In Bootleggers & Baptists: How Economic Forces and Moral Persuasion Interact to Shape Regulatory Politics, economists Bruce Yandle and Adam Smith explain how money and morality are often combined in politics to produce arbitrary regulations benefiting cronies, while constraining productive economic activities by the general public.
Since the Mexican government initiated a military offensive against its country’s powerful drug cartels in December 2006, over 55,000 people have perished and the drugs continue to flow. The growing violence has created concerns that Mexico could become a failed state, and U.S. leaders worry that violence and corruption is seeping over the border, both south into Central America and north into the United States. In his compelling new book, The Fire Next Door, Ted Galen Carpenter details the growing horror overtaking Mexico and explains how the current U.S.-backed strategies for trying to stem Mexico’s drug violence have been a disaster. Officials in both governments insist on staying the failed course rather than exploring significant policy change. This is a critical subject the presidential candidates are not addressing — but will have to face.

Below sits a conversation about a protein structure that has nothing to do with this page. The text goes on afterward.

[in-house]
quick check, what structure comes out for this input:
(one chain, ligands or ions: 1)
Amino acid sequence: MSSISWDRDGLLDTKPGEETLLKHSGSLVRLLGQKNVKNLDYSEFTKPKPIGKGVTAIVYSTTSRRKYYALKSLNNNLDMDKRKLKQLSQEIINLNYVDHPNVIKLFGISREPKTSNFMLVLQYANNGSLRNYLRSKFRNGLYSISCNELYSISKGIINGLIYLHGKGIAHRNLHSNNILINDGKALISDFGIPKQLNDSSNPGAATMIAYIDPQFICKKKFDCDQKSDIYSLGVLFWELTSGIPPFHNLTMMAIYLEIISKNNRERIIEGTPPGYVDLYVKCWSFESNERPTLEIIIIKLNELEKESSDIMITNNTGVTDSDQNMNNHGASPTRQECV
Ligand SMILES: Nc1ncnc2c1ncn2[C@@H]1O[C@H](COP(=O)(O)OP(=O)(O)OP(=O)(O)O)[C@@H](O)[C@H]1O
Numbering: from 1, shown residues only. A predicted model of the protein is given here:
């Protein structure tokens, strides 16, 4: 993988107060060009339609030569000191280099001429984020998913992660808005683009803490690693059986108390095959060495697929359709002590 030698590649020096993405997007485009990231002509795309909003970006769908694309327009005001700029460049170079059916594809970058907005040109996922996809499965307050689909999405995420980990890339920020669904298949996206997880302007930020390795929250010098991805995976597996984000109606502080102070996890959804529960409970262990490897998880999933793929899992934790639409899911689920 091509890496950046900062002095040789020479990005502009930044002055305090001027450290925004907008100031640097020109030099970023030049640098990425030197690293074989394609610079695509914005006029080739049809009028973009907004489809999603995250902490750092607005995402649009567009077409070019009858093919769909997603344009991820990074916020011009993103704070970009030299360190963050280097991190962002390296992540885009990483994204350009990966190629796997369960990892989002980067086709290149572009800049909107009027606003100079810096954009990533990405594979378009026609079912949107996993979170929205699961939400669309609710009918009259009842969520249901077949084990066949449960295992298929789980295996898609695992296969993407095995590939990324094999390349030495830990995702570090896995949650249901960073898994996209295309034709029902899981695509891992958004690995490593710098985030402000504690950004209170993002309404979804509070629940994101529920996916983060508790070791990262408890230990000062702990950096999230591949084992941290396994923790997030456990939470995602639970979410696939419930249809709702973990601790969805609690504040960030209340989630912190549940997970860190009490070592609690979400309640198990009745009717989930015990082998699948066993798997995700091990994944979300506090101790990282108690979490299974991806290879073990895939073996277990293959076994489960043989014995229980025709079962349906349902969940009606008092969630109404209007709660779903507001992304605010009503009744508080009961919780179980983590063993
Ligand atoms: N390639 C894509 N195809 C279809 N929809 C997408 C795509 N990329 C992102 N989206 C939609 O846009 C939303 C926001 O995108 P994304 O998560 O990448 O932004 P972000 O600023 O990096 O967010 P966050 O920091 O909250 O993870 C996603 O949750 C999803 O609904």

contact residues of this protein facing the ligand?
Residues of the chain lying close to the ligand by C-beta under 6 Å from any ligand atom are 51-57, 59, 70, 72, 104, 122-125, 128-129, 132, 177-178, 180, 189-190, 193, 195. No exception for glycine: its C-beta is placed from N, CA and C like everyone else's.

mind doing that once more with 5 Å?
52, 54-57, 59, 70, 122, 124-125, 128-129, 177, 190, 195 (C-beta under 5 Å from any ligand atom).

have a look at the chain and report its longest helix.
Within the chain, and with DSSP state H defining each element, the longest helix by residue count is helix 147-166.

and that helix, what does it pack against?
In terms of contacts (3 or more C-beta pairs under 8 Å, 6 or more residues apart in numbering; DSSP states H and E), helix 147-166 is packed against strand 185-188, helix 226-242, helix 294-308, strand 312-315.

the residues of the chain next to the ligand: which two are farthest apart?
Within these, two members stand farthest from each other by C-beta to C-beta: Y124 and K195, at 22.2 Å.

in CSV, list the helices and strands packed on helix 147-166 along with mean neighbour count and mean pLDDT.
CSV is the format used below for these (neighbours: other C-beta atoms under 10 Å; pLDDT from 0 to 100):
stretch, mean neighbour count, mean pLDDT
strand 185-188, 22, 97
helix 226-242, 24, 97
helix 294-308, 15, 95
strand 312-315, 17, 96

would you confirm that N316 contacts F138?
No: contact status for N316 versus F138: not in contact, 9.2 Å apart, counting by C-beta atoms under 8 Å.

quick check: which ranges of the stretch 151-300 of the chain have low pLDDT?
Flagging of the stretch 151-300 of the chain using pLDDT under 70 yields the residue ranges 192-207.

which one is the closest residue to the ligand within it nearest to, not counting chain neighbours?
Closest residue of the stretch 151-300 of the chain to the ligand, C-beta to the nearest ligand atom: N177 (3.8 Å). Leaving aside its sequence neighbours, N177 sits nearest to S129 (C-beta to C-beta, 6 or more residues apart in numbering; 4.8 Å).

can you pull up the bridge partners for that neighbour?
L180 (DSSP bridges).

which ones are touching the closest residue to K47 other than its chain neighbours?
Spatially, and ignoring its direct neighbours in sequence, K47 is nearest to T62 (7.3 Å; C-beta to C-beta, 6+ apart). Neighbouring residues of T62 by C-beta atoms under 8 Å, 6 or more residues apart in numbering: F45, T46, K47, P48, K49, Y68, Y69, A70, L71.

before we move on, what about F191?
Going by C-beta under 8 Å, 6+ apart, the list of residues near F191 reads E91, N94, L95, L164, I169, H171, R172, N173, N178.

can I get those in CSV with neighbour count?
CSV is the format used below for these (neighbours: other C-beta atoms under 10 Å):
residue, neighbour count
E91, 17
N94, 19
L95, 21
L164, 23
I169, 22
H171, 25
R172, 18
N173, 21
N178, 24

Boldly conveyed in The Fire Next Door, the only effective strategy is to defund the Mexican drug cartels by abandoning the failed drug prohibition policy, thereby eliminating the lucrative black-market premium and greatly reducing the financial resources of the drug cartels. A refusal to renounce prohibition, demonstrates Carpenter, means that Mexico’s agony will likely worsen and pose even more significant problems for the United States. Please join us for what promises to be an extremely timely and provocative discussion.